The aesthetics and sentiment aside, other commentators wondered: "Why?"and "Why Now?" The museum, responding to the controversy, explained the logo was designed to support its effort to have the institution, informally known as The Met,  be so re-named by the museum, throughout all of its communications. Why now?  Perhaps the reason is that the museum has new leadership. In 2008 Thomas Campbell was named the director, succeeding Phillipe De Montebello, who served in that post for over 30 years.

Given the time and money spent on the logo project, The Met is not likely to back down and will widely employ all its resource to use and promote the new image, which is essential if the re-brand is to be firmly established.

Changing a name as part of a branding effort can be even more challenging. Often the desire to re-name comes about from public confusion about the original. When I became director in 2006 of the historic site  Boscobel I was puzzled by its official name, used in all communications, including roadside signs: Boscobel Restoration, Inc. What is being restored, I asked myself - sofas? works of art? We changed the name to Boscobel House & Gardens to more accurately describe the organization and its property. Another Hudson Valley resource, known  for years as The Museum of the Hudson Highlands found it was constantly having to answer the question: museum of exactly what?  After a re-branding project, it became The Hudson Highlands Nature Museum. The name questions stopped.

A very recent name change in the Hudson Valley region has led to much head-scratching. In 1946 a handful of doctors joined together to form the Mount Kisco Medical Group, in Mt. Kisco, New York -where I grew up - in northern Westchester County. Originally based in a small wood frame house near the hospital, it expanded over the years. Now it has 500 physicians in 40 locations in the Hudson Valley.  In February of this year, it changed its name to CareMount Medical.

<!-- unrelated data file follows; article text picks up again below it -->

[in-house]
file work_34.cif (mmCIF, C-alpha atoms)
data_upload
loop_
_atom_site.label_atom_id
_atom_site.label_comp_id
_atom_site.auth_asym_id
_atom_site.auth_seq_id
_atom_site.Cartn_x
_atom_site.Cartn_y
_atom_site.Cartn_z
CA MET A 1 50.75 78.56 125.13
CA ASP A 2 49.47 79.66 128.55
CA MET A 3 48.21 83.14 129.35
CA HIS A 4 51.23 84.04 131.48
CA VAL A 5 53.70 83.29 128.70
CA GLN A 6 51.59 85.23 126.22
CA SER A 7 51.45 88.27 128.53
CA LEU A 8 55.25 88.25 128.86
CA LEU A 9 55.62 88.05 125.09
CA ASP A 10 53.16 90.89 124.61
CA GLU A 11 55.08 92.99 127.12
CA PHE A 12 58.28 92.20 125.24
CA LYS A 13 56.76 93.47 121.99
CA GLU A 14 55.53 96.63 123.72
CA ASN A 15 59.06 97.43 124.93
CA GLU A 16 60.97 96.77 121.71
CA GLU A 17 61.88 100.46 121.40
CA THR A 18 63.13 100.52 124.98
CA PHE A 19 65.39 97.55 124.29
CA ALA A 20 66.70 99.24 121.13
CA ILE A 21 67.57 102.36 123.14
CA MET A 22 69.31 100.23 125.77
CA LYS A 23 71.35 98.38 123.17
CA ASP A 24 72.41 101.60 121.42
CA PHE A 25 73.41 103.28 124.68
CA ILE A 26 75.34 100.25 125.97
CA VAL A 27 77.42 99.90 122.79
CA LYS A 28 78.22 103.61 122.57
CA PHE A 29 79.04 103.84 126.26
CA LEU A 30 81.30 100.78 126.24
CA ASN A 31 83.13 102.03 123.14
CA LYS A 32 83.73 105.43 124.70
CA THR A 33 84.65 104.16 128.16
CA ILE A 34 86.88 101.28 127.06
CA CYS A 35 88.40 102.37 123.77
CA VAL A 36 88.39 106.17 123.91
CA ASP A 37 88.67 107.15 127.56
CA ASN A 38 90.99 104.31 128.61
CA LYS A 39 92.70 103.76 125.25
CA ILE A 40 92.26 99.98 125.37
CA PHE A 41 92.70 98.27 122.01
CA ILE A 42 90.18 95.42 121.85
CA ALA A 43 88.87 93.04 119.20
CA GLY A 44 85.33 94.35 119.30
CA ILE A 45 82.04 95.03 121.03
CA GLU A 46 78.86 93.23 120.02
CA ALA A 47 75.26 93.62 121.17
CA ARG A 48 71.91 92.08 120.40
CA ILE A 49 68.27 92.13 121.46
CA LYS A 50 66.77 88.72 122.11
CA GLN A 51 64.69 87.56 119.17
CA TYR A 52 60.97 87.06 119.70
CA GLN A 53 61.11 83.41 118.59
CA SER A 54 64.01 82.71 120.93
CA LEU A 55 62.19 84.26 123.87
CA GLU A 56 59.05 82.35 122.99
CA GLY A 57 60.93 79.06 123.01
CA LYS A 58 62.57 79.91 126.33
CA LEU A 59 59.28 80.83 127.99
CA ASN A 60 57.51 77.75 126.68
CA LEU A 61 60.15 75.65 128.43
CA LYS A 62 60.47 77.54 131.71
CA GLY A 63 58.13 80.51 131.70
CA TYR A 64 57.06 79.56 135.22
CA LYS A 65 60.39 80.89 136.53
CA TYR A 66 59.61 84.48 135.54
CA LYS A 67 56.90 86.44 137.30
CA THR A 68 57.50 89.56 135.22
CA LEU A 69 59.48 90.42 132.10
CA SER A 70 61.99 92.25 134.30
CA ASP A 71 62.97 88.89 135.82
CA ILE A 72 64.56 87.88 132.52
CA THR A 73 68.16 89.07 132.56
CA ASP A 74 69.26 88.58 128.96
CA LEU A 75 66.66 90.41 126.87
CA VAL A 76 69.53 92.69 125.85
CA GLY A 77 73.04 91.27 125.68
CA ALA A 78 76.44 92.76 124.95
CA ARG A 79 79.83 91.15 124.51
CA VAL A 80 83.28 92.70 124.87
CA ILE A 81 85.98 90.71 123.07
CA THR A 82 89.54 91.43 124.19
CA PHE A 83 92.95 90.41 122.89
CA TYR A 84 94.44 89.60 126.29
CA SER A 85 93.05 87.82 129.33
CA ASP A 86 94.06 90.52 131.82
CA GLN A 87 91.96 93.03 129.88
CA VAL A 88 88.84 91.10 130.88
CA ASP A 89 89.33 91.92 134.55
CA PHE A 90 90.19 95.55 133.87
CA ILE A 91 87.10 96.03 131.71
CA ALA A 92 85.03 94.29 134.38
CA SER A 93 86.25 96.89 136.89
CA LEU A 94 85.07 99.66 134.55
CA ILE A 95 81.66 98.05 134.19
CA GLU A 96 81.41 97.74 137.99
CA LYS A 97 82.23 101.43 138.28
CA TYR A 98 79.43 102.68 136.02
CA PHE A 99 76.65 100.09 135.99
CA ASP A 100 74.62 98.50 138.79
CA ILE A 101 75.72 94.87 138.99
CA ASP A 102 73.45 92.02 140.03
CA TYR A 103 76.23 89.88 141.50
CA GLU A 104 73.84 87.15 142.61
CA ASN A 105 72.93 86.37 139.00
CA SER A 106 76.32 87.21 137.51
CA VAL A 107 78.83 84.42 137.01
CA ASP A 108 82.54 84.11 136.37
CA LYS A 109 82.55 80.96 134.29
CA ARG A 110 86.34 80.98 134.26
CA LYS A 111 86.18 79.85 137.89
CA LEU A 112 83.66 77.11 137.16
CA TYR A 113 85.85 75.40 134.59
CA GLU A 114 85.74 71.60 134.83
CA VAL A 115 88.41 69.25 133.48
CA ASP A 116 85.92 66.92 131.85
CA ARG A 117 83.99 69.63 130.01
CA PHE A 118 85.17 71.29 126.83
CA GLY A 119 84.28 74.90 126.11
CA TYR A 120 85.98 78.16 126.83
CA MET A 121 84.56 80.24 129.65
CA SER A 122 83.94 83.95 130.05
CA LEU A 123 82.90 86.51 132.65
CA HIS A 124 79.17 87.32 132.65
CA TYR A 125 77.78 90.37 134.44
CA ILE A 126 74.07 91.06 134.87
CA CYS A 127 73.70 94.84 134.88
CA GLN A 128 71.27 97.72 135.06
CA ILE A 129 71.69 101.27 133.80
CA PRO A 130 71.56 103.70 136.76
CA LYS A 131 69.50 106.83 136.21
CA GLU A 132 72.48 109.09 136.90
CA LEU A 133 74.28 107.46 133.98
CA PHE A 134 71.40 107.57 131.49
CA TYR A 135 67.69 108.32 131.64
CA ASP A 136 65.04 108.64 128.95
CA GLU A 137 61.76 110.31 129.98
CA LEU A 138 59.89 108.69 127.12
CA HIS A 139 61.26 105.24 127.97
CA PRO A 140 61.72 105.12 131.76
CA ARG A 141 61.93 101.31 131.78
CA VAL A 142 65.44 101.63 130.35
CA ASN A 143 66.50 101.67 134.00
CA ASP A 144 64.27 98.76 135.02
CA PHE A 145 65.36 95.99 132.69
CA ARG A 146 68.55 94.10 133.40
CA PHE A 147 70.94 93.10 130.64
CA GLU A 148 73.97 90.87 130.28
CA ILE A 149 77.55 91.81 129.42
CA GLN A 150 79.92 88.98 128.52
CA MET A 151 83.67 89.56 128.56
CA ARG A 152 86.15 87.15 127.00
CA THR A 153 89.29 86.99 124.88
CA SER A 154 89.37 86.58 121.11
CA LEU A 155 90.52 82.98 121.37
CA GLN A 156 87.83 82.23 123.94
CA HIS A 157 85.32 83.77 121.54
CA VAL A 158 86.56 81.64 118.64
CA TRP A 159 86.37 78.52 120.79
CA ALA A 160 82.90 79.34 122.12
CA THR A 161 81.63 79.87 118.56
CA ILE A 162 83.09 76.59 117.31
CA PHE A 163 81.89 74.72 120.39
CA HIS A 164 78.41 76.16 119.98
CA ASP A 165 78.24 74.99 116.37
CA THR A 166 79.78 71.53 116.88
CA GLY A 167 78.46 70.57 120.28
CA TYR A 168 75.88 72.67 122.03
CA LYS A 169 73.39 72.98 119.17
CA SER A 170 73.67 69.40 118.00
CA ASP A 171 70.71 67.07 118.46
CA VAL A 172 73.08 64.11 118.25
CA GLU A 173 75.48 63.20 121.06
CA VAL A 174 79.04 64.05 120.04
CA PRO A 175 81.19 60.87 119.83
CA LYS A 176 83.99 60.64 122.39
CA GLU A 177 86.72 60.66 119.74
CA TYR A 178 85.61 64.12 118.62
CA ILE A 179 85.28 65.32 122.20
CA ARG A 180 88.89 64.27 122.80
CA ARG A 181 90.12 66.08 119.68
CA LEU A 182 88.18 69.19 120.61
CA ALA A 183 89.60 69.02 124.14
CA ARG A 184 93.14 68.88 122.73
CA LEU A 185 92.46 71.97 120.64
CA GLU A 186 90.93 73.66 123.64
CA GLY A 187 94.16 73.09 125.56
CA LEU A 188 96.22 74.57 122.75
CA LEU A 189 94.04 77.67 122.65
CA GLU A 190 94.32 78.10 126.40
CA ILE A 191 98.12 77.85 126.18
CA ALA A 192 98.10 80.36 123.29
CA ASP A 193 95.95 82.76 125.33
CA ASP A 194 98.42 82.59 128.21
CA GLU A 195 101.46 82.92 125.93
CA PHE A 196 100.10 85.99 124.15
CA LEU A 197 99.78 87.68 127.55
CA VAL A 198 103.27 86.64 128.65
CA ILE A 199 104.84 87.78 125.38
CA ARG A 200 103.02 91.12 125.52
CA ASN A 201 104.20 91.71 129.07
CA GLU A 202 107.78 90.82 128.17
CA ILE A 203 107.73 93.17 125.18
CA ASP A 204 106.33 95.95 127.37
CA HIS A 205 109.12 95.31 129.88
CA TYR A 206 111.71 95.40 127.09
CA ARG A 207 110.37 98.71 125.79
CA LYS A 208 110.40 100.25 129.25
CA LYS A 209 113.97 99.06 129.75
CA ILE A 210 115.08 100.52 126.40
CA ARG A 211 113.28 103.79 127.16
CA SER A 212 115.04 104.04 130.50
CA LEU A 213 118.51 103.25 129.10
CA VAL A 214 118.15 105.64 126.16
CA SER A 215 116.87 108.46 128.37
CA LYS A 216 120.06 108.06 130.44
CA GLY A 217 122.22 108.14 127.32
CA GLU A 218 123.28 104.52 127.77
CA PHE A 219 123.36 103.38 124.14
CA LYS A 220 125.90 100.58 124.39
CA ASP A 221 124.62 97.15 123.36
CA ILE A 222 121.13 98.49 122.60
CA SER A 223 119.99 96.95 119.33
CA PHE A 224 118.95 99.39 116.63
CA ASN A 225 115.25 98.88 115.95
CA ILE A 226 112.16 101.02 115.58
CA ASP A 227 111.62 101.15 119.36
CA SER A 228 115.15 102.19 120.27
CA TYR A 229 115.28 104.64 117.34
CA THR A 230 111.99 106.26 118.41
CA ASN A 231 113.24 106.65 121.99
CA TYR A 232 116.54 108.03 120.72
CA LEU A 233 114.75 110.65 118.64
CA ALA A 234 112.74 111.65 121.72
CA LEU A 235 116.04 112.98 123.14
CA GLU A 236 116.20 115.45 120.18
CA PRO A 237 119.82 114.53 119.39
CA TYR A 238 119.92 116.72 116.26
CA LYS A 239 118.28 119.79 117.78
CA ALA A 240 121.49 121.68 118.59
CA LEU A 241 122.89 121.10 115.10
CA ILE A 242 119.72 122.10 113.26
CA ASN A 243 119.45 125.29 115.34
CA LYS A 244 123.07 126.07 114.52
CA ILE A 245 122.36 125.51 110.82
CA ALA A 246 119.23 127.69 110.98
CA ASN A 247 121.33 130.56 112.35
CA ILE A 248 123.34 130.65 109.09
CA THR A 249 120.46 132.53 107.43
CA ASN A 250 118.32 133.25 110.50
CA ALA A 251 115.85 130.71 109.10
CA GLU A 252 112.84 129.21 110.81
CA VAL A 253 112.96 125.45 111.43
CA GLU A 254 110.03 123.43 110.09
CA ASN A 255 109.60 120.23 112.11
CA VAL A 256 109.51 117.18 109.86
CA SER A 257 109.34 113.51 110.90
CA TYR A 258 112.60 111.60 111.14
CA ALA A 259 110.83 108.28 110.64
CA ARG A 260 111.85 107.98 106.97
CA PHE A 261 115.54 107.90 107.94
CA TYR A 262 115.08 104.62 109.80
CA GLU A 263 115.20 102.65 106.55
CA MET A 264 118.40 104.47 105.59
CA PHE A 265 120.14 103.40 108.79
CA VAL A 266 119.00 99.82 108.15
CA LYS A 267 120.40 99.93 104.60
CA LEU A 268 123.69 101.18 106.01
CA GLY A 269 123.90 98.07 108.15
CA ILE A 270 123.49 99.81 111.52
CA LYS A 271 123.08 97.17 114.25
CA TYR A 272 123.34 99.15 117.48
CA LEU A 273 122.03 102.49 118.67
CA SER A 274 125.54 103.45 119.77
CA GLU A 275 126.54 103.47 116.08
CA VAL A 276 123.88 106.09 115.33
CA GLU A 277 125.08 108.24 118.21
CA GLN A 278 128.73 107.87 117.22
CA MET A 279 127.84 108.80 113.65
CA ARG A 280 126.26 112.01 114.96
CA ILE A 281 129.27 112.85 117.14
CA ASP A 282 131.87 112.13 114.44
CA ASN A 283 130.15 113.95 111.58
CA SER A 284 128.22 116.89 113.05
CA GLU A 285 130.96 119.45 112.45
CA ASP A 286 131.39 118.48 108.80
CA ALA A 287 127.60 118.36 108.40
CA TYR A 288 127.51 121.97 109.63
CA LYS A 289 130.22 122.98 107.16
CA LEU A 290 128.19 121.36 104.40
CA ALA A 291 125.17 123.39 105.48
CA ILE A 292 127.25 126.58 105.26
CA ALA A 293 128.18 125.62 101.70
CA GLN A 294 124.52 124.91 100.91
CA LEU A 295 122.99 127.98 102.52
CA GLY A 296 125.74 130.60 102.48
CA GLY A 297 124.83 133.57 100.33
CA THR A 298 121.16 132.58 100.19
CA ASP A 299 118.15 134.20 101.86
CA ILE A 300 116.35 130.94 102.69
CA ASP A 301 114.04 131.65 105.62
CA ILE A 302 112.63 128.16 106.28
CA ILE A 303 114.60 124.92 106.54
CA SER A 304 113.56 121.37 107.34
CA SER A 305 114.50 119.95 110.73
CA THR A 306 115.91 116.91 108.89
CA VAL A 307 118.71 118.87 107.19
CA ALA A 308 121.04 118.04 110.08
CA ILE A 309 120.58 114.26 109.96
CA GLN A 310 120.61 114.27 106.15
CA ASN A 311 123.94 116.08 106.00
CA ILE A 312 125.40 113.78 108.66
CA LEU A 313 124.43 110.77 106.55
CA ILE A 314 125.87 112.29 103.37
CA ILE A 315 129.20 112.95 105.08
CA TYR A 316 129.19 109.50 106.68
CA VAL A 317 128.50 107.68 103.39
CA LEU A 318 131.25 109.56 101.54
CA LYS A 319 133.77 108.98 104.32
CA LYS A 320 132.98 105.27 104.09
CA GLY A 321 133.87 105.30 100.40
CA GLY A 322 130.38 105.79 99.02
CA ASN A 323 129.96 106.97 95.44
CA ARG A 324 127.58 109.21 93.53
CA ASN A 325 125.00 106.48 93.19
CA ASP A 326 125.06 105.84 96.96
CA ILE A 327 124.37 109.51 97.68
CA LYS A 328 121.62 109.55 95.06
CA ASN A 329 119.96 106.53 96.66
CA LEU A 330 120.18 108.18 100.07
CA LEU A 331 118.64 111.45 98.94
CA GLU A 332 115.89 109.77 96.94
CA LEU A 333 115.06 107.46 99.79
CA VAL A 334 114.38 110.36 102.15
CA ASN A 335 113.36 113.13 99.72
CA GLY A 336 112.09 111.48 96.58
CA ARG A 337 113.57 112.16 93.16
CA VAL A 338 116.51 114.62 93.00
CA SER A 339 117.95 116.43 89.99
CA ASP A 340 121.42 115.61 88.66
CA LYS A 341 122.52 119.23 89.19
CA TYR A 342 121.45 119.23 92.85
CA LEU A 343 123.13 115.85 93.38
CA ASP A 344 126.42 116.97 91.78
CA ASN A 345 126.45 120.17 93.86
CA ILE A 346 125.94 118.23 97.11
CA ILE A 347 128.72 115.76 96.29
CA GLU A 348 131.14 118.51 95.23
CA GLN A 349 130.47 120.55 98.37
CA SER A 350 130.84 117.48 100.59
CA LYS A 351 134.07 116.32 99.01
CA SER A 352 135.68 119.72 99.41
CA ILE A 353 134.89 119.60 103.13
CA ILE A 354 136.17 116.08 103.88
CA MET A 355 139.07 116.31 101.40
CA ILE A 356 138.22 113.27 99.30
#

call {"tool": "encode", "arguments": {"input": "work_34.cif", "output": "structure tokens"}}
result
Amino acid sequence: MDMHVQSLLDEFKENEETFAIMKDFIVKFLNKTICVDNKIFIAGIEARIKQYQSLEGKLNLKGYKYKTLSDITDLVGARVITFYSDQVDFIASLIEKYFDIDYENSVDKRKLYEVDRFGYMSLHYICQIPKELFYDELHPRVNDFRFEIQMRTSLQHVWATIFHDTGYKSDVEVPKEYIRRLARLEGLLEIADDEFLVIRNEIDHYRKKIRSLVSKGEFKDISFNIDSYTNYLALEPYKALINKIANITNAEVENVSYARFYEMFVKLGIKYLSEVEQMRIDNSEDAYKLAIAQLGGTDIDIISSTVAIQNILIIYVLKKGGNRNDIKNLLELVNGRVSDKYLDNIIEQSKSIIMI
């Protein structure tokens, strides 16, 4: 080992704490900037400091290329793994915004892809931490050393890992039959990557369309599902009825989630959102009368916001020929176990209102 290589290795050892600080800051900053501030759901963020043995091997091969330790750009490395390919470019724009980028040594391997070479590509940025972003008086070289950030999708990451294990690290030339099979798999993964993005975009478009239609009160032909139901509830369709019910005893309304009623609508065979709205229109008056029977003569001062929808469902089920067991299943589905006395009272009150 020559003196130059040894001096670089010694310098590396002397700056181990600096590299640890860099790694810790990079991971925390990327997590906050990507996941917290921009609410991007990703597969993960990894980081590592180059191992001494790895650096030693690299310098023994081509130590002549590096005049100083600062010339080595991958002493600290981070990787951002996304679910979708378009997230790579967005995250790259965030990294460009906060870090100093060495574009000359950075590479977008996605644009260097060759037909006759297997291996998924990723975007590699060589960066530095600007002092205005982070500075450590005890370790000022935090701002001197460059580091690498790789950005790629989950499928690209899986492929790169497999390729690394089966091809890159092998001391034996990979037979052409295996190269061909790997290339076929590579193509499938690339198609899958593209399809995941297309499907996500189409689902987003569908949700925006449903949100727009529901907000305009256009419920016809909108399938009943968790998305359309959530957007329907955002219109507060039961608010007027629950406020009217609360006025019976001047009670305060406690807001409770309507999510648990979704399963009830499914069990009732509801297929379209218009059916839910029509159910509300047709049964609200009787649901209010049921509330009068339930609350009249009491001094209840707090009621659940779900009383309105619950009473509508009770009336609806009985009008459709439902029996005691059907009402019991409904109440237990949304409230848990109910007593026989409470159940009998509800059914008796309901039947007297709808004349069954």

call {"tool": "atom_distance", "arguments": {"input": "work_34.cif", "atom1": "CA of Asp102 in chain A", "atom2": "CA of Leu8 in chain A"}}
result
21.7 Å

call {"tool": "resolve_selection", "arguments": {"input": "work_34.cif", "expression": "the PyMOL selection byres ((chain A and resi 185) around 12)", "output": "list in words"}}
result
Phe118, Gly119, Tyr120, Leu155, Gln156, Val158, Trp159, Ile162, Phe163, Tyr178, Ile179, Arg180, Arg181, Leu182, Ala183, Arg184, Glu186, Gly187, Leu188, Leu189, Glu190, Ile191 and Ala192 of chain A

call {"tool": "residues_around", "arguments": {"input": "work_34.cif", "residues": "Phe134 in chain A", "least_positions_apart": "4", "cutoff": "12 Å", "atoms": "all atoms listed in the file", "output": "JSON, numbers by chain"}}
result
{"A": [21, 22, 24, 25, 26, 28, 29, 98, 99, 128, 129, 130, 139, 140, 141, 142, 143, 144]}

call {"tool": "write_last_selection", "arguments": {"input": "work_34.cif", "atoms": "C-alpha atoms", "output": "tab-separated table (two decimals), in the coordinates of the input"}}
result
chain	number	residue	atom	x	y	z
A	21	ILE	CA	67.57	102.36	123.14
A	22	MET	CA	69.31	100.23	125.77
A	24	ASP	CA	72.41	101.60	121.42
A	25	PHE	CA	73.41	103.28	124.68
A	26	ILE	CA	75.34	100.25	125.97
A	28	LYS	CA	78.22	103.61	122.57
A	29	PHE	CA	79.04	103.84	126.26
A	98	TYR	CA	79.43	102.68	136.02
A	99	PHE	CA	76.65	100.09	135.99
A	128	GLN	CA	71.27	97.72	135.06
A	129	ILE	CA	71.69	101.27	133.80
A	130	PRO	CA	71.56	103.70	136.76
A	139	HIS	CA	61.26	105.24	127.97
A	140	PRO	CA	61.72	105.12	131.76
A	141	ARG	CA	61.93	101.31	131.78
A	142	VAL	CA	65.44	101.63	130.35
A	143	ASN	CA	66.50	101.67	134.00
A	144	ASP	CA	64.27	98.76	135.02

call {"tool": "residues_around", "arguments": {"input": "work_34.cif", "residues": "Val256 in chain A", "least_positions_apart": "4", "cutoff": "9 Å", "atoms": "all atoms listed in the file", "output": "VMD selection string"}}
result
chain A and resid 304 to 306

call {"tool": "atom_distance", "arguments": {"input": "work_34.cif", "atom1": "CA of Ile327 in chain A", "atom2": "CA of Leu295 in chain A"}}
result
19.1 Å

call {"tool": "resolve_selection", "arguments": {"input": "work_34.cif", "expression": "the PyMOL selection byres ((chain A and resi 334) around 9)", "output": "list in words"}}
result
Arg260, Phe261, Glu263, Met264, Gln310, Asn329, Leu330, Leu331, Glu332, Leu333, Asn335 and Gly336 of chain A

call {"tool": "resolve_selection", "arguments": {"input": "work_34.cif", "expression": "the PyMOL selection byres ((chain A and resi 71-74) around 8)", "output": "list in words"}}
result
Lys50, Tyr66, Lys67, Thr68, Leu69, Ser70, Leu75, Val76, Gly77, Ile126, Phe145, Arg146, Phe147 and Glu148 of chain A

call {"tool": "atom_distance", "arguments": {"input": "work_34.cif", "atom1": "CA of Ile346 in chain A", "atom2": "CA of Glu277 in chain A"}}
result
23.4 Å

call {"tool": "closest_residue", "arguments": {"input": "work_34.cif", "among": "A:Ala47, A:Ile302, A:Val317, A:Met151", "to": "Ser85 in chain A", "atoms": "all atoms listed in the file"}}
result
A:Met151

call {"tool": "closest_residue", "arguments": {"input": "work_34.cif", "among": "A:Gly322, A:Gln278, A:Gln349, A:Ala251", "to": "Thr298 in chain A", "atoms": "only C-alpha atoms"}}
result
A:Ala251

Clearly it had outgrown its own original geographical location, but that hadn't stopped patients from going to Mt. Kisco Medical Group locations in other counties. The name CareMount has all the markings of puzzling work by a branding consulting firm, as it appears to have come out of the blue, with no historical or mission-related logic. If it didn't include the word "Medical" in its title it would be a total mystery. "Care" comes close to its mission, but "Mount"?  I am surprised a wag hasn't renamed it "Costs Mount" - not far from the truth in health care.

A few lessons for nonprofits might be claimed from the above illustrations.  First, look before you leap into branding or re-branding. Is there a good reason to make changes, and if there are, make sure the new logo or name change solves the problem. Resist the  siren song of change for change's sake. Second, make sure the new logo and/or name reflects as much as possible what the organization does, as that is the whole point of the exercise. Thirdly, remember the organization's brand goes beyond names and symbols.  A true brand is what the public thinks about you - what associations your name evoke. Volvo's brand, most would agree, is safety, a message it has been  promoting about its vehicles for years. Communication has to go beyond symbols and into substance if  a brand is to have any meaning.